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Climate change body arrives in Scotland to steer peatland restoration

Last modified: 24 January 2012

Lochans and peat bog at the RSPB Forsinard nature reserve, Scotland

RSPB Forsinard Flows sits within the Flow Country, the largest blanket bog in the world.

RSPB Scotland has urged the Scottish Government to honour its manifesto pledge to restore Scotland’s peatlands.

The call comes on the first day of a meeting in Edinburgh by scientists from the Intergovernmental Panel on Climate Change (IPCC) to develop guidelines on wetland management, including the restoration of peatlands.

From 24th to 26th January, experts from across the globe will discuss evidence surrounding the greenhouse gas emissions from damaged peatlands and the savings that can be made by restoring them.

It comes after rules on ‘wetland drainage and rewetting’ were agreed at the United Nation Framework Convention on Climate Change in Durban in December 2011.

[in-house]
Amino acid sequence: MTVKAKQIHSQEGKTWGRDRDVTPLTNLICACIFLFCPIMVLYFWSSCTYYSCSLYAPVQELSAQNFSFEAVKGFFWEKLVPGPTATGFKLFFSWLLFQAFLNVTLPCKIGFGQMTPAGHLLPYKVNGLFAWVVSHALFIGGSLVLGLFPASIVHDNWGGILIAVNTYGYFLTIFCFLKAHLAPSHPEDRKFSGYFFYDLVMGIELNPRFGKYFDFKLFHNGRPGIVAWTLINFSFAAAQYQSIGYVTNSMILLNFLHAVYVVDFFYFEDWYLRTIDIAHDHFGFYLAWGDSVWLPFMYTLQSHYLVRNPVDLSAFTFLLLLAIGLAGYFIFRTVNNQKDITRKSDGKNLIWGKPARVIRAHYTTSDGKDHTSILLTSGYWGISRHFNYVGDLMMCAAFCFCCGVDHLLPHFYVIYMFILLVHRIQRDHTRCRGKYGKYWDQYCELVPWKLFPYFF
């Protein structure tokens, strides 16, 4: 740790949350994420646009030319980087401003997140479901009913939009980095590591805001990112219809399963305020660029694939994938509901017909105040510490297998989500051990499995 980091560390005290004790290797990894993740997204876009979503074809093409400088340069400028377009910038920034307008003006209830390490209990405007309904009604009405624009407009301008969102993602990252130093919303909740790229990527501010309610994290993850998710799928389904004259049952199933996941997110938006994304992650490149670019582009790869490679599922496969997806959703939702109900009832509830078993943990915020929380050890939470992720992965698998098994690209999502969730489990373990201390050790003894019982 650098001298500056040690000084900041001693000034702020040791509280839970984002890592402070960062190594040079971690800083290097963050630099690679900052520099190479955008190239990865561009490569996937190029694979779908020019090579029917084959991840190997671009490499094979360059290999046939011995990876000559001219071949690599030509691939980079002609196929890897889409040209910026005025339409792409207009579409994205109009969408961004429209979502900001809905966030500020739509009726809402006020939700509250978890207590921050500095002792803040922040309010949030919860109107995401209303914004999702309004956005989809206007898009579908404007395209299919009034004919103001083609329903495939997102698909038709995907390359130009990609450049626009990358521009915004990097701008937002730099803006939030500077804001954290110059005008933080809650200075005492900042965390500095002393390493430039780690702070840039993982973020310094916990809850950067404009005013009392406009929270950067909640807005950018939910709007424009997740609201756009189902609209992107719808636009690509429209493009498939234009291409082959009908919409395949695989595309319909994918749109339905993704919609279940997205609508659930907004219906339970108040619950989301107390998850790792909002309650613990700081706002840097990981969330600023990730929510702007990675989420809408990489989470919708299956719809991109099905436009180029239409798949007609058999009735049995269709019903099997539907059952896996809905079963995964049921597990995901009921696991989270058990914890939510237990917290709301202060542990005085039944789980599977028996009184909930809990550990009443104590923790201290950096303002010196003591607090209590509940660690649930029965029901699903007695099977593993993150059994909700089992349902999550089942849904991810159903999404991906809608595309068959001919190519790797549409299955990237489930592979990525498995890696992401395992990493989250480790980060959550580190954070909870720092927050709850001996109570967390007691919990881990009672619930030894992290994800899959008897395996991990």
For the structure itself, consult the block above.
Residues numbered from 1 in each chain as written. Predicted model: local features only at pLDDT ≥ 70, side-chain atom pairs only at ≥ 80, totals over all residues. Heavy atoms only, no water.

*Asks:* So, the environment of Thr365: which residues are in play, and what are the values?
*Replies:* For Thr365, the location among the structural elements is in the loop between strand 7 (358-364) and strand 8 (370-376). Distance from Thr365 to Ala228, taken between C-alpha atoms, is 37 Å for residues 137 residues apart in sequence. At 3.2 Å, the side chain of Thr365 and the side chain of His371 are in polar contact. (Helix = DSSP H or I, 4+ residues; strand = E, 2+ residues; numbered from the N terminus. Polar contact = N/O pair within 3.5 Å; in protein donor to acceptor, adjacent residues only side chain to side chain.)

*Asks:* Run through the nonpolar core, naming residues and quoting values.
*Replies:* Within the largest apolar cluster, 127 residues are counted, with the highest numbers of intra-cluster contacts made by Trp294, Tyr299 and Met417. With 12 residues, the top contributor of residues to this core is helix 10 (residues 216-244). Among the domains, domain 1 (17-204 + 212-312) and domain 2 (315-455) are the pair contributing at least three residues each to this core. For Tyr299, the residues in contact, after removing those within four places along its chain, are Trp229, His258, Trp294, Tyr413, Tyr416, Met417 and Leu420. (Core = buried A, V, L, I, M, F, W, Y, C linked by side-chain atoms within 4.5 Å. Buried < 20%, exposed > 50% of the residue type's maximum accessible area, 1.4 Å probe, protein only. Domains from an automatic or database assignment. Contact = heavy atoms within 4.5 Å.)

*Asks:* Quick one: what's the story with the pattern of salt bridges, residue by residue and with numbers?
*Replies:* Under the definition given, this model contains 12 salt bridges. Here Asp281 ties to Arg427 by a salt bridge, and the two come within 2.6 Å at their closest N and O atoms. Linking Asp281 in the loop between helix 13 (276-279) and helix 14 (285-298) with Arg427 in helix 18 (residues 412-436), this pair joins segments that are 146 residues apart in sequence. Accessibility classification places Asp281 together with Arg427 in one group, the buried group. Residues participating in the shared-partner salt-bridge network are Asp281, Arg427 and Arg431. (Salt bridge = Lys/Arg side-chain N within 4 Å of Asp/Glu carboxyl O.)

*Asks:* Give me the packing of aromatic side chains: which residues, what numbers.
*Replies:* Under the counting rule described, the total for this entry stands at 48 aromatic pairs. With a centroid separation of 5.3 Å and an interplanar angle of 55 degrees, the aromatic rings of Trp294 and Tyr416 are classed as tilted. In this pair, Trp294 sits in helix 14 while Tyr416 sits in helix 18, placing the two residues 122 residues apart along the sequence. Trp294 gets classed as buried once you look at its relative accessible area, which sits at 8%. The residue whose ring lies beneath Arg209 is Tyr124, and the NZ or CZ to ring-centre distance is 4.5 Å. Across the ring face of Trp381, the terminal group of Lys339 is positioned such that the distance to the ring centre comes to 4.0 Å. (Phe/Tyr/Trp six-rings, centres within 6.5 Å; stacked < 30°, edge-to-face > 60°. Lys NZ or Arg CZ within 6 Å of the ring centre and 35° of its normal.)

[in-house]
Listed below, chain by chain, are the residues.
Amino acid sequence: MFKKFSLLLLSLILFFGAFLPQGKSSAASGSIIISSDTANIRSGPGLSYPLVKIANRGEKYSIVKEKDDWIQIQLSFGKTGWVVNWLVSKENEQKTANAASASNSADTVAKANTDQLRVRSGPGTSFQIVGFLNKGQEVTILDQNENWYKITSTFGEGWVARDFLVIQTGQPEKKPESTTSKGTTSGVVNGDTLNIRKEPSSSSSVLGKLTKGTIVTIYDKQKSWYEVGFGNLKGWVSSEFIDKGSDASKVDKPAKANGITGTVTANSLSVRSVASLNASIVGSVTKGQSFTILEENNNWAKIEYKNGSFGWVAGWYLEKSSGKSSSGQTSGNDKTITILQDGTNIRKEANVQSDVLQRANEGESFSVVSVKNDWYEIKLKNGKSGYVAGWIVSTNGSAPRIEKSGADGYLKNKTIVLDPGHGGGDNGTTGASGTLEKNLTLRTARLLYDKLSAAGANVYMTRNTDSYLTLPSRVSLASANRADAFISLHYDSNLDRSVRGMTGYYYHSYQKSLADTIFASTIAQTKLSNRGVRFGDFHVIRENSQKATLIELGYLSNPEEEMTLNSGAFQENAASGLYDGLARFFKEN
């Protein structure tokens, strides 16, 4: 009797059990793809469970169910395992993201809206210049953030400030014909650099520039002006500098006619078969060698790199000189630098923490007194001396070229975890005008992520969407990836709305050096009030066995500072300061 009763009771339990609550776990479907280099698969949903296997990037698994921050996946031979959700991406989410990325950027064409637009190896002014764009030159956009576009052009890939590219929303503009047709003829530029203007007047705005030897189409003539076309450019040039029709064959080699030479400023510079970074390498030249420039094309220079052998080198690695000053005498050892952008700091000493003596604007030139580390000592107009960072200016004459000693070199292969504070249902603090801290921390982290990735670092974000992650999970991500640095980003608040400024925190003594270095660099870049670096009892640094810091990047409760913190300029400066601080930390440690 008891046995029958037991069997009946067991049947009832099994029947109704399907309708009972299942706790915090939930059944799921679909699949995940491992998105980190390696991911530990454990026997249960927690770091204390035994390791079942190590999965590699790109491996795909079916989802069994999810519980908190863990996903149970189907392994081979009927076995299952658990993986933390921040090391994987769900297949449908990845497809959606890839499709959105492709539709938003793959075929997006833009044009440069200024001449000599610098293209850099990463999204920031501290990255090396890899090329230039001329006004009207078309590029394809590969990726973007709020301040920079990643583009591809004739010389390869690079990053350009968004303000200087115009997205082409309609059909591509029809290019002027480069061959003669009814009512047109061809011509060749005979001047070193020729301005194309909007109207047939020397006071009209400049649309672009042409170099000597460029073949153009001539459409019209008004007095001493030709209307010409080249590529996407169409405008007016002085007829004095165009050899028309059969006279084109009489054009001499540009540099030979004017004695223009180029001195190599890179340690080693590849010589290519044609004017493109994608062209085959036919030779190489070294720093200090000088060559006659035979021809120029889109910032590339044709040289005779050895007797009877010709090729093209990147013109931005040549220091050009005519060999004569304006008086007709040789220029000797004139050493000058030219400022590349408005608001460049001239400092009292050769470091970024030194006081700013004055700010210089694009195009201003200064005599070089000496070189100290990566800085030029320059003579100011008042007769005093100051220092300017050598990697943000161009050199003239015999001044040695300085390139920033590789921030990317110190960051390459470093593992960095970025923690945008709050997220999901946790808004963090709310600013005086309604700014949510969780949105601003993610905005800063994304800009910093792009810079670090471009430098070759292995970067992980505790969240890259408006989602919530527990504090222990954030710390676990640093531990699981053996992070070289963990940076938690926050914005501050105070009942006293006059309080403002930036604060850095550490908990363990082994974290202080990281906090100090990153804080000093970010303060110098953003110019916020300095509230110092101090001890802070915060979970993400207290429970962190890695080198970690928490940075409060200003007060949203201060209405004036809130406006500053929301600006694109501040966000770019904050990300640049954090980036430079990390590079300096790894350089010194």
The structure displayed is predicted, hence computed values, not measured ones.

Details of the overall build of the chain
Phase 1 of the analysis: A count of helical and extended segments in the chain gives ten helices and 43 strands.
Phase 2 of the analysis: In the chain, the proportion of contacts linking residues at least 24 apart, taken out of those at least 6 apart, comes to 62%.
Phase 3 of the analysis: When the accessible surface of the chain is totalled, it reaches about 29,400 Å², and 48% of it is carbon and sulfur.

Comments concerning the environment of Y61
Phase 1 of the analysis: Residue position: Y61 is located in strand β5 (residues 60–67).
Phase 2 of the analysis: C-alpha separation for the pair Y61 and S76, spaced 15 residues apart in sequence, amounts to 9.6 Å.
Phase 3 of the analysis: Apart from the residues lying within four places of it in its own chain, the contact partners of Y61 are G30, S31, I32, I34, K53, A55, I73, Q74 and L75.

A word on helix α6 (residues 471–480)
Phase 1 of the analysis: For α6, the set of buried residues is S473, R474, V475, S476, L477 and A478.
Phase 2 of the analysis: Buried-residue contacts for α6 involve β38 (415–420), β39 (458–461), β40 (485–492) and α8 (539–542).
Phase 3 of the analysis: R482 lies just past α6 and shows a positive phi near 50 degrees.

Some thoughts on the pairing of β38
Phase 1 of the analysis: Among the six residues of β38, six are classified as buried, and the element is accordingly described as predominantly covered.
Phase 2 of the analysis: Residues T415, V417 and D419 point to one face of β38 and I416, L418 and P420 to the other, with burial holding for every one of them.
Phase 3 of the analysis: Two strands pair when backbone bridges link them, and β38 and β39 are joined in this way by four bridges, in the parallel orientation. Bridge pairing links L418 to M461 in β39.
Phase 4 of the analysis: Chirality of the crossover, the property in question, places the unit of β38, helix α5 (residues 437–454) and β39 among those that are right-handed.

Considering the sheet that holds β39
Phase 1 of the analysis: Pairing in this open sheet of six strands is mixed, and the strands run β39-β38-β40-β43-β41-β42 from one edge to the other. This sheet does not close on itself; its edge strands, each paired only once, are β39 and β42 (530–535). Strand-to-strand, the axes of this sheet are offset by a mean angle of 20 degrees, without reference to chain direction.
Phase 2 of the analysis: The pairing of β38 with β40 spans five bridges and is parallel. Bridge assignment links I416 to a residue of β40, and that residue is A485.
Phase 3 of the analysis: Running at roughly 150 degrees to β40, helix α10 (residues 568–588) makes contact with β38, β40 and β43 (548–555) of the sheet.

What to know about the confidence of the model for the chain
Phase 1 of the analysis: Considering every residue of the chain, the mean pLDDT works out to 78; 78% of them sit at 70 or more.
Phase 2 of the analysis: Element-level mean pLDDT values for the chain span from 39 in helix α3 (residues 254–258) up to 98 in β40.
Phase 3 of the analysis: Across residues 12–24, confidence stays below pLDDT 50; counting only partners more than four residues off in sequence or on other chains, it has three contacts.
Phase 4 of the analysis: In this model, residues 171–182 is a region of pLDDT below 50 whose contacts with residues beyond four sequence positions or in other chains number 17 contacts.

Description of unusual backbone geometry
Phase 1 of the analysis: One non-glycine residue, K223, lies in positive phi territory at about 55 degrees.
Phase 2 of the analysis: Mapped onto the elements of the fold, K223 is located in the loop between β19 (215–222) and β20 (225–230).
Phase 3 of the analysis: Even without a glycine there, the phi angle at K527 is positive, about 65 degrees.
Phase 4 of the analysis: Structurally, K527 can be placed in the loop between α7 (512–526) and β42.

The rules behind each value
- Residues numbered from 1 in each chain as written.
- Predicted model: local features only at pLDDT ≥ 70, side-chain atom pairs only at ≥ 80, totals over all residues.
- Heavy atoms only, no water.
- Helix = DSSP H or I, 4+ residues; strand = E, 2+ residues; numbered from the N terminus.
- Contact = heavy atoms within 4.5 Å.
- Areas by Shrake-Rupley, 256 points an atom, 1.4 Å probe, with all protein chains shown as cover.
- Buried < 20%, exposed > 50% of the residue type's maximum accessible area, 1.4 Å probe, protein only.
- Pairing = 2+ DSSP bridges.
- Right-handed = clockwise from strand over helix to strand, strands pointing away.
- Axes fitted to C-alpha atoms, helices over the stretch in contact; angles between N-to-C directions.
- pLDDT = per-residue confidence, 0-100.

The new rules mean that the green house gas (GHG) savings from peatland restoration can be credited to Scotland when the IPCC agrees the guidelines. 

RSPB Scotland’s Forsinard Flows reserve in Sutherland sits within the Flow Country, the largest blanket bog in the world at 1,500 square miles. It holds some of our rarest and most important wildlife, such as hen harriers, sundew and otters. It is a natural asset with the Flows alone holding 400 million tonnes of carbon. Working with Flow Country partners, restoration work has started on over 10,000ha of peatland at this one site.

Jim Densham, Senior Land Use Policy Officer at RSPB Scotland, said: ‘We welcome the Minister’s championing of peatland restoration in the fight against climate change. Scotland is an ideal location to hold the IPCC meeting because we have on show some of the biggest and best examples of peat bog habitats on the planet.

“Peatland restoration is essential in the fight against climate change. We have the tools and knowledge to turn damaged bogs which are currently losing carbon into vast protected carbon stores. Restoration techniques will also turn peatlands into havens for wildlife and a source of clean water.

“What we need now is Government to make good its manifesto pledge to restore Scotland’s peatlands. We need a clear statement of intent from Ministers about how they aim to secure this natural resource and the funding to make

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